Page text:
1958: The Eve of Spring Snowstorm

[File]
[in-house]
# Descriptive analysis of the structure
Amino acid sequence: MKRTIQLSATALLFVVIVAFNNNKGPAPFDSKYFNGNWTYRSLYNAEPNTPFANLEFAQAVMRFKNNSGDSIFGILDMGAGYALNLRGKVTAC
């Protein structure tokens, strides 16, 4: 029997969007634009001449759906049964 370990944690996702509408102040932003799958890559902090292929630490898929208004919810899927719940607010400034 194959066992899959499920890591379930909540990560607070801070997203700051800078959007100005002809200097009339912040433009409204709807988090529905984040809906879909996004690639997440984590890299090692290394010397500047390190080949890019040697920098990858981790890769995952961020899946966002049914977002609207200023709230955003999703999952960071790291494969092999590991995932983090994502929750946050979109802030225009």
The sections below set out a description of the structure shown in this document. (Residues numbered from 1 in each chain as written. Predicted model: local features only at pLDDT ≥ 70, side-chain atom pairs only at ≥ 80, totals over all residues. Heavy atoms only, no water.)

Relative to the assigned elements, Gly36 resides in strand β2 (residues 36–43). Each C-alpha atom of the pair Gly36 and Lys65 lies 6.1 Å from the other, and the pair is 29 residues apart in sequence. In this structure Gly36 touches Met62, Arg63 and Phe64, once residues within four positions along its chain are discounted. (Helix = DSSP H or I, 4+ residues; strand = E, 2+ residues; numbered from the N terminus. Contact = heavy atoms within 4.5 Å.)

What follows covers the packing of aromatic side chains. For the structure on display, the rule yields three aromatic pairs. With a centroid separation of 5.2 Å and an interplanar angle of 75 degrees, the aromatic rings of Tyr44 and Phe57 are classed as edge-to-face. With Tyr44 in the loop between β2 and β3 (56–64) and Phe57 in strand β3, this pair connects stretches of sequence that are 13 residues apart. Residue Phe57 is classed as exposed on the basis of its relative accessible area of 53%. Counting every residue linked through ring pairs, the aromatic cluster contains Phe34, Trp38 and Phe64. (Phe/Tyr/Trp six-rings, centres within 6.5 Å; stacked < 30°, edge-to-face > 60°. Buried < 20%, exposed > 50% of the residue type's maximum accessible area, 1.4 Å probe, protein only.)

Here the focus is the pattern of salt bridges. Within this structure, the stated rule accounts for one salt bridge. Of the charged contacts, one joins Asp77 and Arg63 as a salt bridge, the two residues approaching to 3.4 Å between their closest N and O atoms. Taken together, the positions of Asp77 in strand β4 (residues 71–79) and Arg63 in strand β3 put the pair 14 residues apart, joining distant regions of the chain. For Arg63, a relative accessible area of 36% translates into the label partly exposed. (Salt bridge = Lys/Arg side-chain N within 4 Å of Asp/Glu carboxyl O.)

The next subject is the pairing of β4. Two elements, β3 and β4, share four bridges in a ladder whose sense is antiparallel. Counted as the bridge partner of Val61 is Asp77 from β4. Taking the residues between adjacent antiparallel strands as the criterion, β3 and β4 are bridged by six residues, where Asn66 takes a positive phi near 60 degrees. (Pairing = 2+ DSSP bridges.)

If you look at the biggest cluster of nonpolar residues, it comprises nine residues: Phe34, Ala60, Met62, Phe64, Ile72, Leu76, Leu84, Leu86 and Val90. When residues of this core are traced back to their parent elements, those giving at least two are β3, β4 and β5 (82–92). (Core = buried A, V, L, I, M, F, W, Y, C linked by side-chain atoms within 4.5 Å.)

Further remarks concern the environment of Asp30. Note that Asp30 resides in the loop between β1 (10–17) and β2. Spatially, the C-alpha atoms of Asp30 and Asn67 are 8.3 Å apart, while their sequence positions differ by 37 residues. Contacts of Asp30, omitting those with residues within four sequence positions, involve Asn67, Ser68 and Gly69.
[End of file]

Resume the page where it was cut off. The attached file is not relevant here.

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On March 19, 1958, Rain began falling along the eastern seaboard as a weak storm moved across the Ohio Valley. As that system approached the East Coast cold air was drawn into the storm from eastern Canada. The storm exploded. As it strengthened rapidly and the cold air was pulled southward all the way into the Mid-Atlantic states, the rain changed to snow and more and more moisture was fed into the system from a strong jet stream that reached all the way down into the Gulf of Mexico. When the rain started in March 19th temperatures were well up into the 40s. By the night of the 19th temperatures had sagged down to near freezing. The snow picked up in intensity and continued for the next several days. Most of the time the ratio of water content to the amount of the mid-Atlantic states is 10 to 1. That is for every inch of water there is about 10” of snow. In this situation though, later in March, with temperatures at or above freezing that ratio was more than 4 to 1 or even 3 to I. That meant the snow was much heavier than usual the result would soon play itself out with collapsed roofs and buildings as they yielded to the sheer weight of the snow. When the snowfall was over more than foot of the white stuff covered many of the big northeastern cities from Philadelphia to Boston. Many of the northern and eastern suburbs received almost 2 feet of snow from the storm that would go into the History books as the “Eve of Spring Snowstorm”. Just south of the snow area in Washington DC and Baltimore had record rainfall of almost 4” and flooding.

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